And the US, in particular, has a long history of political intervention in Nicaragua, stretching back to at least the 19th century. From 1937 to 1979, for example, it helped to prop up a right-wing military dynasty which opponents accused of “human rights violations, crimes against the people and corruption”. After the Sandinistas’ successful overthrow of the regime in 1979, Washington did everything it could to ensure the new government’s failure. In particular, the US helped to bring together former members of the dictatorship – under the name ‘Contras’ – to launch a violent counter-revolution. Former US president Ronald Reagan said these forces were the “moral equal of our Founding Fathers”. But as Noam Chomsky wrote in 1992:
Reagan used them to launch a large-scale terrorist war against Nicaragua, combined with economic warfare that was even more lethal. We also intimidated other countries so they wouldn’t send aid either.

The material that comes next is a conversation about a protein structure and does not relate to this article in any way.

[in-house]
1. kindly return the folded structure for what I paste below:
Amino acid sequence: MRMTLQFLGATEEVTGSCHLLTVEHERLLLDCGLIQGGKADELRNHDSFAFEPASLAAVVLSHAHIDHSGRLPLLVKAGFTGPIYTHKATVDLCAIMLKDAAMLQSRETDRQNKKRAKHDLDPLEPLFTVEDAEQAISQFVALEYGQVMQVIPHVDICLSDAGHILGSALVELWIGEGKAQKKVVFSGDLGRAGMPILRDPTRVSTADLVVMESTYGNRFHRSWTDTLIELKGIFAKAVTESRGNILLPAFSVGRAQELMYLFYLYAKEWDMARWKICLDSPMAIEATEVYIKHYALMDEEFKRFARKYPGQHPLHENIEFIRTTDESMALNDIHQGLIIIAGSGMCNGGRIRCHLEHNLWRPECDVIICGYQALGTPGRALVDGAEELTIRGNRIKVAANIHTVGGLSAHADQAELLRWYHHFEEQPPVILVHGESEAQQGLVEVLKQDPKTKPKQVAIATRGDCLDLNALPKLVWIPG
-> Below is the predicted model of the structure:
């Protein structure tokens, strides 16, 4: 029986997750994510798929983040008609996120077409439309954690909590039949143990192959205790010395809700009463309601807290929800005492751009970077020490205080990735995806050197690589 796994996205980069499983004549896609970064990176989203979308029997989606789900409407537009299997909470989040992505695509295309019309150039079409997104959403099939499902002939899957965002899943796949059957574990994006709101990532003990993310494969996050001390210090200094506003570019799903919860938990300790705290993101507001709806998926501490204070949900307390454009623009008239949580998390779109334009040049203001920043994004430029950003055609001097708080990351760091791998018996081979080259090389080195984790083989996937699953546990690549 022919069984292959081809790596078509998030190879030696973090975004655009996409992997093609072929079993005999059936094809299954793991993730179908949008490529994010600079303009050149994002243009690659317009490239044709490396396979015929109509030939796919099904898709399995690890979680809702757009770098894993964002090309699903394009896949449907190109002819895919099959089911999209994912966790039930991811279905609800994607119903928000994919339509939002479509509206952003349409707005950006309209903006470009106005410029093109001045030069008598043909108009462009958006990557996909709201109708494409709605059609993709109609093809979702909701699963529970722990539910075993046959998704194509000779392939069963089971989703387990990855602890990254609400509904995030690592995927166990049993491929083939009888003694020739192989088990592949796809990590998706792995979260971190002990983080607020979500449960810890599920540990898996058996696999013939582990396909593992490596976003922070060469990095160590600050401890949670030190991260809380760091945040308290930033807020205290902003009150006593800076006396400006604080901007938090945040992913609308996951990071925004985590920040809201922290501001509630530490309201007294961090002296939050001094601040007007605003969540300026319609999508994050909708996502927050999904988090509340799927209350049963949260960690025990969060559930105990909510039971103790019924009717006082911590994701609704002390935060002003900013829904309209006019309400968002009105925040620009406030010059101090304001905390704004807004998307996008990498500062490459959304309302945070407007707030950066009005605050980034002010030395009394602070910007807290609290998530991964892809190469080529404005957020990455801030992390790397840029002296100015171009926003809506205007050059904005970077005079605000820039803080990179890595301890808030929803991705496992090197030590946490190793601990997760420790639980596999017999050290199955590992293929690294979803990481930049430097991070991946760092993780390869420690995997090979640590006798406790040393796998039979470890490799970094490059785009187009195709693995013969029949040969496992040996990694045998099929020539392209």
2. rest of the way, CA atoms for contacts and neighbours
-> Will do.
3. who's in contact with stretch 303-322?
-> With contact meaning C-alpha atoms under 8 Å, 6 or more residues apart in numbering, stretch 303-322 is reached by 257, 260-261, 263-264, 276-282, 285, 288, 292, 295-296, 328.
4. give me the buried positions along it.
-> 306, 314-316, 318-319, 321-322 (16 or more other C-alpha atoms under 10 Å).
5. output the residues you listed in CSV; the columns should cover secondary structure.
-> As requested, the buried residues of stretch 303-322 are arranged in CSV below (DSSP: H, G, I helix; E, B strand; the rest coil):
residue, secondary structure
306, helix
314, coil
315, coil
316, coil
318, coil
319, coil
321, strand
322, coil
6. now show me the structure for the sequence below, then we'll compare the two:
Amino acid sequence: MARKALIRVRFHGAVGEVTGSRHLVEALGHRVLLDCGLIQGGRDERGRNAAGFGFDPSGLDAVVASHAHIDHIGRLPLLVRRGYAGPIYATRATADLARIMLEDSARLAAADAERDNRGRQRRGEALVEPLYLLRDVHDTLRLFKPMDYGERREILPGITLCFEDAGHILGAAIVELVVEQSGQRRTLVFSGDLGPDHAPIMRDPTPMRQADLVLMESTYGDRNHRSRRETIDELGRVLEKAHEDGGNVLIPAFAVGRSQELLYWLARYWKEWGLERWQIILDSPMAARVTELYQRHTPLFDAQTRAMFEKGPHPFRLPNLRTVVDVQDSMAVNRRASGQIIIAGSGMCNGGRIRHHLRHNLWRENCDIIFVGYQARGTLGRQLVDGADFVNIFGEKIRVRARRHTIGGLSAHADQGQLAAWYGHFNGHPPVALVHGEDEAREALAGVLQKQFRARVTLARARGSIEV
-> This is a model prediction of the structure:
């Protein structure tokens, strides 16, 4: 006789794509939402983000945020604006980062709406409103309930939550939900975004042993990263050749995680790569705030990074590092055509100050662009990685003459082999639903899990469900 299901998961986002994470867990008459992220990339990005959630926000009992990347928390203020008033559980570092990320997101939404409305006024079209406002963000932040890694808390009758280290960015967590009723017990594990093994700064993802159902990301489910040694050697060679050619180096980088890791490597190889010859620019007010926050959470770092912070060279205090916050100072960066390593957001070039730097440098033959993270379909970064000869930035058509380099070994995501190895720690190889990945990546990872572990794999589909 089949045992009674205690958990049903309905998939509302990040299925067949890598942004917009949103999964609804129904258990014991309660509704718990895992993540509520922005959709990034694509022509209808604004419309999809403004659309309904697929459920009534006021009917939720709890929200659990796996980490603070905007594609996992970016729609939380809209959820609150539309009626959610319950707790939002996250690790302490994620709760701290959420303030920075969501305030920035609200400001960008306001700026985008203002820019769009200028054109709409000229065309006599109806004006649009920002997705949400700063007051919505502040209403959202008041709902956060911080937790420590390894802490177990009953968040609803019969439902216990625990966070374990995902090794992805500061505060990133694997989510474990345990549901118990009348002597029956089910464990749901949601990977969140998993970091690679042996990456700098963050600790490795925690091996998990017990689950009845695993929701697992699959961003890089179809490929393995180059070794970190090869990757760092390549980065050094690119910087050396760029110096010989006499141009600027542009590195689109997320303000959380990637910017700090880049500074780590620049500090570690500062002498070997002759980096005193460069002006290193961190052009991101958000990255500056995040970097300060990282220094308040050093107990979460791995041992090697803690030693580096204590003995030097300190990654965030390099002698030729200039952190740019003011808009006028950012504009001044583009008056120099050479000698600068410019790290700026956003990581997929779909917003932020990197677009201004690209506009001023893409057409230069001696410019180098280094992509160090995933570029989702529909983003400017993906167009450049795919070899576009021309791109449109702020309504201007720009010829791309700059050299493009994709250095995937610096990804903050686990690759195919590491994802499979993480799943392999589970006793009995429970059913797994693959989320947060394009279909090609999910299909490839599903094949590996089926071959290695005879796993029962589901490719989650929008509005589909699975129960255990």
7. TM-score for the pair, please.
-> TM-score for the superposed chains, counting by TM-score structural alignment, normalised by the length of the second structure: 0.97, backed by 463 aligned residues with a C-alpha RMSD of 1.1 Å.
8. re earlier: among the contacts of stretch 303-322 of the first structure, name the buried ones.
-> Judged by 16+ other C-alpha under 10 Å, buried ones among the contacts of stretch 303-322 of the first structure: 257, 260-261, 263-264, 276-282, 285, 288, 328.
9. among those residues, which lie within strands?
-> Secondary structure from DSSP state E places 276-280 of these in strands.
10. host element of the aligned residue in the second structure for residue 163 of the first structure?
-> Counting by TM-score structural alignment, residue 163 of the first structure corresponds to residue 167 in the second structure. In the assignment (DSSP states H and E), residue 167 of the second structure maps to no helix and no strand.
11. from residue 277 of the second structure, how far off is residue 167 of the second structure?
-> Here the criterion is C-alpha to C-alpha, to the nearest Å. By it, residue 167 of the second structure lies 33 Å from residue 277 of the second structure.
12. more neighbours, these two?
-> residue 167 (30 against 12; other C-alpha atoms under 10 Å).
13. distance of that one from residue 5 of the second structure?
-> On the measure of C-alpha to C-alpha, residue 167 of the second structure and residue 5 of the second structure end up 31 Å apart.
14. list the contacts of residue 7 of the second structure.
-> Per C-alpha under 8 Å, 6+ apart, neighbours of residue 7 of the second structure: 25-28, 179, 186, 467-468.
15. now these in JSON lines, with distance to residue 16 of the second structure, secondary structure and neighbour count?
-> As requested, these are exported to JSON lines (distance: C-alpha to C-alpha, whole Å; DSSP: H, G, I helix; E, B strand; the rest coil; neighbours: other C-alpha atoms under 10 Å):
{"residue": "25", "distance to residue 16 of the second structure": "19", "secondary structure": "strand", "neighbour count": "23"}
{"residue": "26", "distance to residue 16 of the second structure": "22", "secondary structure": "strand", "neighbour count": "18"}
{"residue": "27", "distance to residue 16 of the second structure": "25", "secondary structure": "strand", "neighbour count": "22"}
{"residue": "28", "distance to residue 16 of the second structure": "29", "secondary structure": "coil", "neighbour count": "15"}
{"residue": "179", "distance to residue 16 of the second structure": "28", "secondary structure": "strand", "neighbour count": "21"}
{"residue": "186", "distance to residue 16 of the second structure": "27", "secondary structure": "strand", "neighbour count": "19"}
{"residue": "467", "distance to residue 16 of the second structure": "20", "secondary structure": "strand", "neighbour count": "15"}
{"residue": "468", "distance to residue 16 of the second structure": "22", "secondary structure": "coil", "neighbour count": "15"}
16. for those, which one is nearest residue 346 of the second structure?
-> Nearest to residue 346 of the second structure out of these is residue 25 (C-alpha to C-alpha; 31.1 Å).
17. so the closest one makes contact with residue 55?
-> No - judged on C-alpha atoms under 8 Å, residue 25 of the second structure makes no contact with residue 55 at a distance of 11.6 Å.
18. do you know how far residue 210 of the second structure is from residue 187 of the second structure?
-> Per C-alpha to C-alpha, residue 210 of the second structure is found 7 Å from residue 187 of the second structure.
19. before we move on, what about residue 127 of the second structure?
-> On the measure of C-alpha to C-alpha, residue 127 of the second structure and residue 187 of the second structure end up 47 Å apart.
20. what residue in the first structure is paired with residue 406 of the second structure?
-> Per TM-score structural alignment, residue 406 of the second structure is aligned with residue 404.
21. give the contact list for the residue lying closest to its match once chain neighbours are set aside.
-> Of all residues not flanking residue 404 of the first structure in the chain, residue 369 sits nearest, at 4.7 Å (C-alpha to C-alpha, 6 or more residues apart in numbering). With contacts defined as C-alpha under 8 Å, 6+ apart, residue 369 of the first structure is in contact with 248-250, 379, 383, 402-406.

With international organisations praising progressive Sandinista reforms, Chomsky said, the US government was never going to sit around with its arms crossed.
And today, Yuill told The Canary, the US sees Ortega very much as “unfinished business from the Cold War”:
Ongoing US influence in Nicaragua
In 1983, the US Congress created the National Endowment for Democracy (NED) as a not-for-profit but private non-governmental organisation (NGO). Its aim? To “promote democracy overseas”. But as the New York Times wrote in 1997, the NED’s real task was “to do in the open what the Central Intelligence Agency has done surreptitiously for decades”, backing dissident movements in non-allied countries.